Aims To determine factors emerging from the cultural and spiritual background of different ethnic groups, which could influence perception and management of epilepsy in children.
Methods A retrospective questionnaire based survey, in families whose children have epilepsy. Data collected when families attended epilepsy clinics at Luton and Dunstable University Hospital, UK and when visited by the Epilepsy Specialist Nurse in the community. We extracted data on ethnic origin, religion/spiritual belief, concepts of epilepsy, stigmatisation, degree of influence of religion and cultural beliefs and use of non-medical therapies. We compared Caucasian and Asian families. The data was analysed using Fisher’s exact test and Chi-square test with Yates correction.
Results A total of 70 families participated in the survey. 28 were of Caucasian, 30 of Asian, 6 of African and 6 of mixed ethnic origin. There were 34 Muslims, 29 Christians, 6 Atheist and 1 unspecified. Significantly more Asian families believed that epilepsy was influenced by non-medical causes- e.g. fate or destiny (50%), or spirit related (43%) than Caucasian families (none). There was no difference in perception of stigmatisation between Caucasian and Asian families. Influence on treatment and management of epilepsy by family, religion or culture was significantly more common in Asian compared to Caucasian families (p < 0.001). Non-medical therapies (use of traditional healers, prayers, complementary therapies) were used in significantly more Asian compared to Caucasian families (p < 0.001).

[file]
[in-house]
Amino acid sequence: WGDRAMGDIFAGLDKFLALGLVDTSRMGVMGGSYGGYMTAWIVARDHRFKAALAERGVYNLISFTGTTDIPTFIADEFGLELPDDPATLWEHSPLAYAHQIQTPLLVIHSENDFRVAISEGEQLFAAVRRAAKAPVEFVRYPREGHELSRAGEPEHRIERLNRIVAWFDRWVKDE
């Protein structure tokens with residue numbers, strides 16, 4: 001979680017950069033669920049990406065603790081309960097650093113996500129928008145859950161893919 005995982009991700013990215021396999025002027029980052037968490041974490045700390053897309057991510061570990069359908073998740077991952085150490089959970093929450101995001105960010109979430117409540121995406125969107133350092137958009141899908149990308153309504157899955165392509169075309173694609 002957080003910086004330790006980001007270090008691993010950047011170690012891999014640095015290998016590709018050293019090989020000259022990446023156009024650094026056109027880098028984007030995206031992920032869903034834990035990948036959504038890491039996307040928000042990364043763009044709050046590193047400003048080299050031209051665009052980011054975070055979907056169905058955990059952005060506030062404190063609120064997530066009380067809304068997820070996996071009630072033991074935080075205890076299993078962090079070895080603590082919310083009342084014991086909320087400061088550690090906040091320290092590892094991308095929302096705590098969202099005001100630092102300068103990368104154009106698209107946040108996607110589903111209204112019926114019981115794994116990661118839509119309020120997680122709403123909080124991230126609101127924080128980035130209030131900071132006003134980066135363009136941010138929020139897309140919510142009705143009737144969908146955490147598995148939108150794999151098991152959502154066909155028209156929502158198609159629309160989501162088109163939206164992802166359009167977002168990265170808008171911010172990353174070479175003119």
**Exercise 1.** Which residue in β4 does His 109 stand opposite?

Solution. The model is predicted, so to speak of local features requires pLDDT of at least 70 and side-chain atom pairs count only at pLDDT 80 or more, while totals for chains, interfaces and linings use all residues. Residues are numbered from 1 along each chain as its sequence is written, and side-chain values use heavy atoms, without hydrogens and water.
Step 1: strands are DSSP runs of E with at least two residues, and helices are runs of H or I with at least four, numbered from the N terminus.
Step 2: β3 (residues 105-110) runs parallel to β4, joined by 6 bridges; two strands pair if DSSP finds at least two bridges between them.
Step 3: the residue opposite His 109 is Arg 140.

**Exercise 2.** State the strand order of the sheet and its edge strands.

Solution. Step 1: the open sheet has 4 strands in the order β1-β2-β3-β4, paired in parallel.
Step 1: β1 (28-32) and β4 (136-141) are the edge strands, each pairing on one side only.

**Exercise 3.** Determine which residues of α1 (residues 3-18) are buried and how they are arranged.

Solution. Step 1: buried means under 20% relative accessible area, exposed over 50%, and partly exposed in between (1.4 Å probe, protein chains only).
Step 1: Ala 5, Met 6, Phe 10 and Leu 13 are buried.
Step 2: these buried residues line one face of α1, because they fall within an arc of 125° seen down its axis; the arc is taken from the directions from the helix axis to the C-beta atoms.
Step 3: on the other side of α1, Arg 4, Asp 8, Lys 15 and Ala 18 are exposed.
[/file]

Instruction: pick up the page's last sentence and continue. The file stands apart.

Conclusions Non-medical influences on perception of cause and on treatment of epilepsy were more common in Asian compared to Caucasian families, but non-medical therapy did occur in Caucasian families. Since the UK has a diverse population, consisting of a wide range of spiritual and cultural beliefs, the NHS should strive to understand all viewpoints, allowing for a more holistic healthcare provision, and possible improvement in patient outcome.